Many of us stash a flashlight for emergencies, only to find that when the time comes to use it, the batteries have run out. The problem of how to achieve efficient, lightweight energy storage plagues everything from flashlights to electric cars. But what if you could bypass it altogether? That’s what Ann Makosinski of Canada has done with her Hollow Flashlight, which won the 15-16 age group category of the Google Science Fair on Monday. Makosinksi’s flashlight runs on four Peltier tiles, which convert heat into energy using the temperature differential between a person’s hand and the ambient air.

“I chose to investigate the aspect of human energy when I found out that we are like walking 100-watt light bulbs,” wrote Makosinski, 15, in her project brief. Makosinski, who is from British Columbia, Canada, imagined her design being used in classroom seats to power schools, on wireless medical sensors, or to charge cell phones.

National Geographic is a partner in the Google fair, which also awarded prizes to research projects on traffic regulation and the influenza virus. Winners in each age category received scholarship funds and other prizes. Check out Makosinski’s video, where she describes her winning project.

Comments

  1. David Rahrer
    Florida, US
    August 29, 10:42 pm

    While I don’t mean to take away from the work of this student – I’m sure she is very bright – I am somewhat bewildered by the volume of praise in this instance. This has certainly been done before. I saw a similar (albeit more primitive) example in the mid 1970s. I believe the heat engine circuitry was designed and built by Honeywell as a prototype for someone who wanted to use it for another application. It worked quite well, though the LEDs of the time were dim and the output was low, something which appears to plague the device in the article as well.

    I played around with this in my teens after seeing the example I just explained. The biggest problem is the incredible inefficiency of the thermoelectric generator, though the low voltage, as the student discovered, can be overcome with modern components. The effect itself was first discovered almost 200 years ago and is used in spacecraft and other devices where efficiency is not as important as dependability. In those cases a bit of radioactive material is the source of the heat.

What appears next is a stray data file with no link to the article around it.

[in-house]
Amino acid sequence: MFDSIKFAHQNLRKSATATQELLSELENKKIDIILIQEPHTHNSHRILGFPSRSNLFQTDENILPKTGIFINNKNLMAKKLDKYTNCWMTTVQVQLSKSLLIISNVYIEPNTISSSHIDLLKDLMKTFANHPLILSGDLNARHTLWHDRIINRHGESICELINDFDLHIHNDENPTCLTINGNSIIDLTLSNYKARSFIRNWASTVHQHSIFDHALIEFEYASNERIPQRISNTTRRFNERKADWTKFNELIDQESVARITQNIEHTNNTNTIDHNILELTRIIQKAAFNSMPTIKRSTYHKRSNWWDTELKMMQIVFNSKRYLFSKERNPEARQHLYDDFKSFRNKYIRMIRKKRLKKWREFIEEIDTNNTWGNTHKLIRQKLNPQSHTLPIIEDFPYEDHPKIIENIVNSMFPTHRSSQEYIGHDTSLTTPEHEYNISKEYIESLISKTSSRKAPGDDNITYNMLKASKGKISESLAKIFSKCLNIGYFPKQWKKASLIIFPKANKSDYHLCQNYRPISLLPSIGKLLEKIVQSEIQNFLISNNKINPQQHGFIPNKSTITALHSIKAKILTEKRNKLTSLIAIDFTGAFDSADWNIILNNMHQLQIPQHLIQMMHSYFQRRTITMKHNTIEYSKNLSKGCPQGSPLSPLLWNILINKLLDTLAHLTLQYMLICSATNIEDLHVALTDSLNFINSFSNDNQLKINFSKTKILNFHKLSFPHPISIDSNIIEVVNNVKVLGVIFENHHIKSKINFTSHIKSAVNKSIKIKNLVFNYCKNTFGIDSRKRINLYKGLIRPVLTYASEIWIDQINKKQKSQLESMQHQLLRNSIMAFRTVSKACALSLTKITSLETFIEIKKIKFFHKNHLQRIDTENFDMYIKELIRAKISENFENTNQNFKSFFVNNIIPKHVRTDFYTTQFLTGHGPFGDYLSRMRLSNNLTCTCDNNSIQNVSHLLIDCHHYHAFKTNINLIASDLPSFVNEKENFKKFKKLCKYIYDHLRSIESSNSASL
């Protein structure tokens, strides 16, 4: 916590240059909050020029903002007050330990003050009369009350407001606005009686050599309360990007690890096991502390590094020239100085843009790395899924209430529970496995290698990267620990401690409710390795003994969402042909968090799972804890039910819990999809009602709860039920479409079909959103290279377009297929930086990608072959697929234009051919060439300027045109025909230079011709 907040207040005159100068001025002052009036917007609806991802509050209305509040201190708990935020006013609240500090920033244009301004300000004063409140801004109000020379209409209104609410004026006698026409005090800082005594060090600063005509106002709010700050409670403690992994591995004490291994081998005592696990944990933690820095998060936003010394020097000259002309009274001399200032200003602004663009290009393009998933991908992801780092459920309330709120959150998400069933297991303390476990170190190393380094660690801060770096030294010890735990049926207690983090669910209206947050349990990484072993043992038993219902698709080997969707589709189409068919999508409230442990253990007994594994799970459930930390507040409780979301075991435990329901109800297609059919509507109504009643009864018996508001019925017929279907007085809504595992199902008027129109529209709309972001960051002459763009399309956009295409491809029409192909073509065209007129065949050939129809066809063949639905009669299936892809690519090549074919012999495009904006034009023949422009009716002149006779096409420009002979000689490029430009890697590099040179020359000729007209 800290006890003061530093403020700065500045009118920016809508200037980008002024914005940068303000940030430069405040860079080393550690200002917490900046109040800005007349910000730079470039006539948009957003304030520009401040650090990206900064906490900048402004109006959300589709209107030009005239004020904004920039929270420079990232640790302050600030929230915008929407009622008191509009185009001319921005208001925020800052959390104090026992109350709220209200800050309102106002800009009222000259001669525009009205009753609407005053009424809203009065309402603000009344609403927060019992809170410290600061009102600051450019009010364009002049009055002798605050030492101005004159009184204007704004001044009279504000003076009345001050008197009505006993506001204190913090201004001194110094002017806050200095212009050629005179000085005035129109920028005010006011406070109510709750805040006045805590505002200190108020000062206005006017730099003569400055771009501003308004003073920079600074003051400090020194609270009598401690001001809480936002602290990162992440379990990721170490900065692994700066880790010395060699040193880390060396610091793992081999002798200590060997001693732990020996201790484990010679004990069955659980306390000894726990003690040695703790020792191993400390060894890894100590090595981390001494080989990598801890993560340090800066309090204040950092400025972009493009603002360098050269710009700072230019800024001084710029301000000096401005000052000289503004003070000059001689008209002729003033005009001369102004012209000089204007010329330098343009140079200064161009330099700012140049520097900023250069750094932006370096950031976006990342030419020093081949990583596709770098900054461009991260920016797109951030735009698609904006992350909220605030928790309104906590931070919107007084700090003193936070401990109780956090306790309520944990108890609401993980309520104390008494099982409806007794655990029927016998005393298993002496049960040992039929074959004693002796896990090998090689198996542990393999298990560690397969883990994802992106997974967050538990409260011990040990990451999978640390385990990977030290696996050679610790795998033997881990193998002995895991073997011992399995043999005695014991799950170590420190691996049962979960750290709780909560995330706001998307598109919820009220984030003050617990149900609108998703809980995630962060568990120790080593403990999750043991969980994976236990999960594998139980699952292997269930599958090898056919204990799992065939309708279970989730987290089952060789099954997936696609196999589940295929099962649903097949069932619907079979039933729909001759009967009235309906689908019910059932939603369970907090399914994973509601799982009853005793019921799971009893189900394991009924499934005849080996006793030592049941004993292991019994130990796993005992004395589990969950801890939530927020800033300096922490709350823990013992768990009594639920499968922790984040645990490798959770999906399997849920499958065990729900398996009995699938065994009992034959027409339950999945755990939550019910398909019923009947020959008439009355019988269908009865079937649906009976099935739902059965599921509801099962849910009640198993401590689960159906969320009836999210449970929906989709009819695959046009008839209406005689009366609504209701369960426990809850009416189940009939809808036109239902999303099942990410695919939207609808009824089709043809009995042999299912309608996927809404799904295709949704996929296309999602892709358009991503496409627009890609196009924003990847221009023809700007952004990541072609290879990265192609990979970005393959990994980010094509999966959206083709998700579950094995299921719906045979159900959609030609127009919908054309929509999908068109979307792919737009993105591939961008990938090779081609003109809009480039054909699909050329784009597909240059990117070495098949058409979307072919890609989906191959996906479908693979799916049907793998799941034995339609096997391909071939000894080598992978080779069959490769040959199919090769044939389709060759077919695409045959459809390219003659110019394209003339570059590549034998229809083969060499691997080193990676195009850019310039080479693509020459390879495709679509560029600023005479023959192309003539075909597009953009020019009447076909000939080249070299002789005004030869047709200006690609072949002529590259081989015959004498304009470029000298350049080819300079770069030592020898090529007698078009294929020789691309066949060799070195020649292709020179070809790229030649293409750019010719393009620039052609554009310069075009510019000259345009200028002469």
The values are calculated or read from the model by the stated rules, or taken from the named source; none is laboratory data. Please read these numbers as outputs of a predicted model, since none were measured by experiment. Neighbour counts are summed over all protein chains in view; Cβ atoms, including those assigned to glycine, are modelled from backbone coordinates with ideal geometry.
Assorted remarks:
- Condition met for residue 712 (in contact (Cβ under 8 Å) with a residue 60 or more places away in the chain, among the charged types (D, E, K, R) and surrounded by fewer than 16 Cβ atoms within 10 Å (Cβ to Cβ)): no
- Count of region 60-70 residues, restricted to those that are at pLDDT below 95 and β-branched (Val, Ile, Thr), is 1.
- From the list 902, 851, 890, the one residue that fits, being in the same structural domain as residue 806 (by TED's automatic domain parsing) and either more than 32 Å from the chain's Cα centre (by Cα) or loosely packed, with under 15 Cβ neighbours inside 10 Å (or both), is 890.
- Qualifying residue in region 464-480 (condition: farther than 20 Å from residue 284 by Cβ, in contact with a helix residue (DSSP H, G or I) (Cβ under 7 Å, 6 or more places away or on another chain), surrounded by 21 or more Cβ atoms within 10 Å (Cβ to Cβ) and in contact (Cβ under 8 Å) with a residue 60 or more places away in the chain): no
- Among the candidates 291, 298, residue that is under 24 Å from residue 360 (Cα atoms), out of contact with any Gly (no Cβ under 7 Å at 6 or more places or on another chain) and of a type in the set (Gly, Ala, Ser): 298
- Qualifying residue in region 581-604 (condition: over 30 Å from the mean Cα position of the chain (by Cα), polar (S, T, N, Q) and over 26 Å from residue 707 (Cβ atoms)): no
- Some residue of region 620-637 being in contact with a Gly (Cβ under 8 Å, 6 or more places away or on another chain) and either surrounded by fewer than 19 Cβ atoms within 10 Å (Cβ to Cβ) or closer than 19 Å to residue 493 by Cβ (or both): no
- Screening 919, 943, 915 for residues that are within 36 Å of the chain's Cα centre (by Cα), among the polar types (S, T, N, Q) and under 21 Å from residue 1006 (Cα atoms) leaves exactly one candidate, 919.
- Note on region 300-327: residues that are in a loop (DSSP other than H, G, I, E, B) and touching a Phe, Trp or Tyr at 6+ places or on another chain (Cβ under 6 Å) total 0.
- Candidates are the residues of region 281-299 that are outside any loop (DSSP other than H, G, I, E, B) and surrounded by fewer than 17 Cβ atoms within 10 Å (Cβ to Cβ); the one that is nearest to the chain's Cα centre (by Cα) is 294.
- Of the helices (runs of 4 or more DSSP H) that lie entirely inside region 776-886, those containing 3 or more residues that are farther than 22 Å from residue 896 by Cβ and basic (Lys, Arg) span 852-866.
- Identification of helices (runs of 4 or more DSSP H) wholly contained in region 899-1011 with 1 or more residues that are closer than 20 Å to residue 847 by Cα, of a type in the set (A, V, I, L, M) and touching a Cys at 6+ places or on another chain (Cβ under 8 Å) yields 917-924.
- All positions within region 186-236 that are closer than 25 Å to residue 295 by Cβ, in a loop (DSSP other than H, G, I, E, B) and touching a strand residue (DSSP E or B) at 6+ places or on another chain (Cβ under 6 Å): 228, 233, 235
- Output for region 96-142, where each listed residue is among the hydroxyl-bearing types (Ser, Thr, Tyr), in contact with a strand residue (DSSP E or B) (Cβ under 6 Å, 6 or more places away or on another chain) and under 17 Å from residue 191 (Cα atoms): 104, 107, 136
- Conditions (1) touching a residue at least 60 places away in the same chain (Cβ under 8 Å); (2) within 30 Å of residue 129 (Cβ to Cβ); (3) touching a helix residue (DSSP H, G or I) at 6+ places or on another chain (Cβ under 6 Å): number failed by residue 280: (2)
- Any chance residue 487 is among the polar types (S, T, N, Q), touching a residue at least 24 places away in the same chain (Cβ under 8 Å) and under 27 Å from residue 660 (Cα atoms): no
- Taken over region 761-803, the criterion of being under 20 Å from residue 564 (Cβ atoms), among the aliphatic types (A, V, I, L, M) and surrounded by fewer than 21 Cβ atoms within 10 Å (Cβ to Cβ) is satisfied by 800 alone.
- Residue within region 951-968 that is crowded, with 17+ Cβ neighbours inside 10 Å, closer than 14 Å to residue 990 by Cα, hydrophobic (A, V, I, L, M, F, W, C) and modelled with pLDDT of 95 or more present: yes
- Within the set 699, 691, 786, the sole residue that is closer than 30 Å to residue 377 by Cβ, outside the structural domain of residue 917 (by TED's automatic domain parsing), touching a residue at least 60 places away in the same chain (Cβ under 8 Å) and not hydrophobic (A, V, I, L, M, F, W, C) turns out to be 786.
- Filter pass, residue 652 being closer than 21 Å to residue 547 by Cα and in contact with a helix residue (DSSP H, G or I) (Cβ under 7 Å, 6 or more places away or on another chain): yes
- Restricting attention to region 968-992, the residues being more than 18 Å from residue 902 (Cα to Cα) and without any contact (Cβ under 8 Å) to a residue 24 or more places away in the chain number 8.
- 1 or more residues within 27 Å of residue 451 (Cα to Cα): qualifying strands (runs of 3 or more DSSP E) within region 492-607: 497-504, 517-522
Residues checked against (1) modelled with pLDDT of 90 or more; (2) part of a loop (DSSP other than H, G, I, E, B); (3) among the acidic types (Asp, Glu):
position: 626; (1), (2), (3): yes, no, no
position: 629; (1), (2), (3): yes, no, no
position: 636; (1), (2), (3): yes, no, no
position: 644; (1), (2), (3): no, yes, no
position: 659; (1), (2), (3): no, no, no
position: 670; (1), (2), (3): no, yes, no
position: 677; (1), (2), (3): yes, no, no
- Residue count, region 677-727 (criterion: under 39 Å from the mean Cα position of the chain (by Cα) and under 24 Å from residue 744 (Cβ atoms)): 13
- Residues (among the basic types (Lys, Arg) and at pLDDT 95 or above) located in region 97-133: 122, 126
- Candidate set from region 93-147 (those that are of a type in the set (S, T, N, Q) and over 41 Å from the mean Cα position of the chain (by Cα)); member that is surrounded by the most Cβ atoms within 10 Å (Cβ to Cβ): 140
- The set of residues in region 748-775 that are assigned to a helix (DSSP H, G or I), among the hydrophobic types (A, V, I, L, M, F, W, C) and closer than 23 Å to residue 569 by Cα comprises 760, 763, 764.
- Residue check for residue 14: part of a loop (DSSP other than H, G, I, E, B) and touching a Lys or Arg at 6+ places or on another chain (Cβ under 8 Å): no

More efficient thermoelectric generators will have to be developed to make this type of device practical, but it is a reasonably interesting project for a 15 year old. The accolades being heaped upon her, however, seem more in line with a truly new and dramatic discovery or invention.

  2. Dan Strub
    Lompoc, CA
    February 20, 10:49 pm

    I just saw this young lady on The Tonight Show and I was very impressed with both her and her invention. Articulate, intelligent, and, as you can judge by her invention, very pragmatic. It’s great to know there are young people like her in this world. Go Ann!

  3. Thelma Garcia
    Southern California
    November 7, 2013, 7:02 pm

    All hands … more power in the hand of the young
    lady. :-) I hope she’s also awarded the patent to her invention.

  4. Sarah Hall
    London
    October 17, 2013, 3:41 am

    Agree with Carol M – what a brilliant role model she is, especially for girls/women in science. Fantastic work, and a natural at presenting it.

  5. Rick Narveson
    Oxnard CA
    September 27, 2013, 8:54 pm

    Duracell and Eveready look out. Google will hire this young lady and the battery business will go the way of Kodak, Polaroid, and dinosaurs.

    She’s brilliant!

  6. Carol M.
    Western WA
    September 26, 2013, 3:31 pm

    If our lives are in the ‘hands’ (pun intended!) of young people like her, there is great hope for our planet as we phase out expensive and dirty sources of fuel in the coming decades! Congratulations and keep on thinking. Miss Makosinksi! And these those around you as well!

  7. ANIL KALANGOT MANGOOL
    INDIA
    September 26, 2013, 12:24 pm

    LET US ALL STAND ON OUR ROOFTOPS AND SHOUT ABOUT THIS YOUNG LITTLE GENIUS FROM CANNADA HAS INVENTED.THE FUTURE OF OUR PLANET LIES IN THE HANDS OF MISS MAKOSINKSI AND PEOPLE LIKE HER

  8. Elaine Crowell
    Victoria, BC
    September 25, 2013, 5:36 am

    Very impressive work!